Depression, hypertension, heart attack due to improper sleep: Experts

Depression, hypertension, heart attack due to improper sleep: Experts

New Delhi: A host of common health issues, including depression, hypertension, diabetes, heart attack and stroke, could merely be a consequence of lack of proper sleep due to sleep apnea, medical experts say.

However, the number of people who consult specialists for disorders like sleep apnea is relatively less in the country due to lack of awareness among the patients as well as among physicians. But the number is likely to rise many folds due to the increasing cases of obesity and pollution, they said.

Sleep Apnea, as defined by World Health Organisation (WHO), is a disorder marked by frequent pauses in breathing during sleep usually accompanied by loud snoring. These pauses cut off the oxygen supply to the body for a few seconds and halt the removal of carbon dioxide. As a result of this, the brain briefly wakes one up, re-opens the airways and re-starts breathing.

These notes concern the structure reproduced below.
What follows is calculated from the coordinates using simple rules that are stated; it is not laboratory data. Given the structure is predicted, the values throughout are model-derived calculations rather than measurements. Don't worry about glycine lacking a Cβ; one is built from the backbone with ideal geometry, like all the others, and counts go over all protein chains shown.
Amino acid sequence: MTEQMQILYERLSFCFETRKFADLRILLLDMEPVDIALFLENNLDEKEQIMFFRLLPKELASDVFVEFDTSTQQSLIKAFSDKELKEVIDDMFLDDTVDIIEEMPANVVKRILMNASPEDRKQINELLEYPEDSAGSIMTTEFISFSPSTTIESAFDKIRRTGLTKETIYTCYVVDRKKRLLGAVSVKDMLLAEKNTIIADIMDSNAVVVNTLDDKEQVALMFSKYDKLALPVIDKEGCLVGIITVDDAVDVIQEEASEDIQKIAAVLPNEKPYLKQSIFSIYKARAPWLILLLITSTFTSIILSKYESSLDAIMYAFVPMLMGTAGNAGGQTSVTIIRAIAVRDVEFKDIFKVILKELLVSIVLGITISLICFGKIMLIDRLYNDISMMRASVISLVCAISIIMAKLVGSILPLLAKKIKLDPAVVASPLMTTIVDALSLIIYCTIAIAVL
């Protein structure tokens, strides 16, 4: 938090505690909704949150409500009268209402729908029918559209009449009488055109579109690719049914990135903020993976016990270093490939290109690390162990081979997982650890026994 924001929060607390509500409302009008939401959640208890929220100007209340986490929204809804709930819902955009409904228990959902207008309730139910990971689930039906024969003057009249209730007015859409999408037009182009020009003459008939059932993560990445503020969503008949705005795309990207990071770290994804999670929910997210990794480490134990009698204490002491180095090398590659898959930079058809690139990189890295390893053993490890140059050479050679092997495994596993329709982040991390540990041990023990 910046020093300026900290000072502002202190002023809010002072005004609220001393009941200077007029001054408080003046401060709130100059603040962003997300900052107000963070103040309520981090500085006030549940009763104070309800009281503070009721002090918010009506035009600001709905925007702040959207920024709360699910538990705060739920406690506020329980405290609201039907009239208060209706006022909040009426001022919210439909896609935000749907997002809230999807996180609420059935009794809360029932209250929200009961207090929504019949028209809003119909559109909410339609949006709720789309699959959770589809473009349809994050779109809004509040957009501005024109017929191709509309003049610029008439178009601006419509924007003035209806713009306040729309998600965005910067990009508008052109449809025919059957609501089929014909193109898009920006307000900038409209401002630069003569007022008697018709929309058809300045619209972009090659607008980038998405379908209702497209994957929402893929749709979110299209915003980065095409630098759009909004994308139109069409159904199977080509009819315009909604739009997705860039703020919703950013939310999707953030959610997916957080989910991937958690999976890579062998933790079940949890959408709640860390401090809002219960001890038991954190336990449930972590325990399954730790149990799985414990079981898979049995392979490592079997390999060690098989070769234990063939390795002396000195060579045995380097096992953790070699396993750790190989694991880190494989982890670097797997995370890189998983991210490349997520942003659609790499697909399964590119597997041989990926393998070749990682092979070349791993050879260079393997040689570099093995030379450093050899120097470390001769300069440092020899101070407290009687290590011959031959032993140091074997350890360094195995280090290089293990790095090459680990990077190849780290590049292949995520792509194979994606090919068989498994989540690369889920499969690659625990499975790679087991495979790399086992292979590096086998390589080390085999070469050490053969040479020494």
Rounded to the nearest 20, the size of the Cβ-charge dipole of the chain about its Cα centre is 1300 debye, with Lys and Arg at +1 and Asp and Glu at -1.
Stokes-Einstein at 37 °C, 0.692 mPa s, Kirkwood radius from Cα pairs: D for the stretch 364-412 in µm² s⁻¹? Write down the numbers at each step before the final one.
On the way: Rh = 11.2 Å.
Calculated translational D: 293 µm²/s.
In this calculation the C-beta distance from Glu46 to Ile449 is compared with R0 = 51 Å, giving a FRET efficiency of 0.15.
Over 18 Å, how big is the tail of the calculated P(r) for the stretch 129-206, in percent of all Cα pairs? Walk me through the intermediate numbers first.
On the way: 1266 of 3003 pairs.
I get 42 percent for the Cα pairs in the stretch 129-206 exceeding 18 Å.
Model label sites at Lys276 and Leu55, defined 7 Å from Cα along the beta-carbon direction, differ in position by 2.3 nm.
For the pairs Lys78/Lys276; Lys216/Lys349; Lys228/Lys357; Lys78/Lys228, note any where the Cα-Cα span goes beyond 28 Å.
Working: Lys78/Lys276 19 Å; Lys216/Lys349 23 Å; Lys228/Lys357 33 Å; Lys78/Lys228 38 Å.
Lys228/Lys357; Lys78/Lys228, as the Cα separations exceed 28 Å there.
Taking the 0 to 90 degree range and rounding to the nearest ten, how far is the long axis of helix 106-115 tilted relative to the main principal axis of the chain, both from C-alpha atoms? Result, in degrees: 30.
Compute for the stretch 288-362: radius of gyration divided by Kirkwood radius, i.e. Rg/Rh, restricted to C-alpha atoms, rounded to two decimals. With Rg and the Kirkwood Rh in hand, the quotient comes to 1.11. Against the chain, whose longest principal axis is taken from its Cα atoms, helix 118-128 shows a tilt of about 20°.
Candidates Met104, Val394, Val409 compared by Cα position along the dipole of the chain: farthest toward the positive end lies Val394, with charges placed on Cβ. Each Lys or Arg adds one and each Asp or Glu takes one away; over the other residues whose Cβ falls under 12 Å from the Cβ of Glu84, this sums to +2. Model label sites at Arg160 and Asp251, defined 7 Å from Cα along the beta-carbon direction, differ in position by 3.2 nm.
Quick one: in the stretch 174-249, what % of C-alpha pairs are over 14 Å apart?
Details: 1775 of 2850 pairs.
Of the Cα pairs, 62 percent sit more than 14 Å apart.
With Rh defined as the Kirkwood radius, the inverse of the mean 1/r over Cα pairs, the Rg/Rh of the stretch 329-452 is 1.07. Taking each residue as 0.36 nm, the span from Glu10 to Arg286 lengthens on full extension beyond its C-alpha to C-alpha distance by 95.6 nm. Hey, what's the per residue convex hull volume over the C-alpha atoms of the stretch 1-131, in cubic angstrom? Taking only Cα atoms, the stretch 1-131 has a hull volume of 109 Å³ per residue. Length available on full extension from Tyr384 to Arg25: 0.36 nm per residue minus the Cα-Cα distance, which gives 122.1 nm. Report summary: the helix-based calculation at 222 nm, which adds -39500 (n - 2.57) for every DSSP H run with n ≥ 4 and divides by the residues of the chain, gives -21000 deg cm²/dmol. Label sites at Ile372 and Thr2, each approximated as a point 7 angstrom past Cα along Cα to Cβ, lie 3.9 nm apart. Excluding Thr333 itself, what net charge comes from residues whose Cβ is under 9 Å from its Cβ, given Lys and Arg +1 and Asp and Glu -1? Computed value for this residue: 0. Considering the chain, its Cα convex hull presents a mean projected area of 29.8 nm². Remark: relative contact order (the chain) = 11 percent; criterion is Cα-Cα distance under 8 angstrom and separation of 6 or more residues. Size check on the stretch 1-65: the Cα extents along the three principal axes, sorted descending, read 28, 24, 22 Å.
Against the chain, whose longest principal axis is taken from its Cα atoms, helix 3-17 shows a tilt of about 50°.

This can occur many times during the night and makes proper sleep impossible and lead to excessive daytime sleepiness, difficulty in concentrating or headaches, while at night, snoring is the most common feature.

“About five per cent people in Delhi-NCR are likely to have sleep apnea. It is a common problem in middle-aged people whose BMI (body-mass index) is high, neck is thick, who snort, feel sleepy during the daytime, whose blood pressure is slightly high and they are early diabetic,” Dr Ashok Rajput, pulmonologist and sleep specialist, Venkateshwar Hospital, Dwarka, said.

“One may be physically asleep but their brain keeps functioning. So when you wake up, you don’t feel fresh or rejuvenated. You fall asleep while sitting or driving. It also leads to hypoxia which results in high blood pressure, cardiovascular and cerebrovascular diseases, and later diabetes and even heart attacks or brain stroke,” Rajput said.

Dr Vikas Mittal, pulmonologist and sleep specialist at Max Saket, said the number of patients with sleep apnea is very less at present primarily because of less awareness among the people and the physicians.

“OSA (obstructive sleep apnea), however, is a major health concern in the West where the number of obese people is high and we can extrapolate from the fact that the rise in cases of obesity in the country will certainly lead to more cases of sleep apnea,” Mittal said.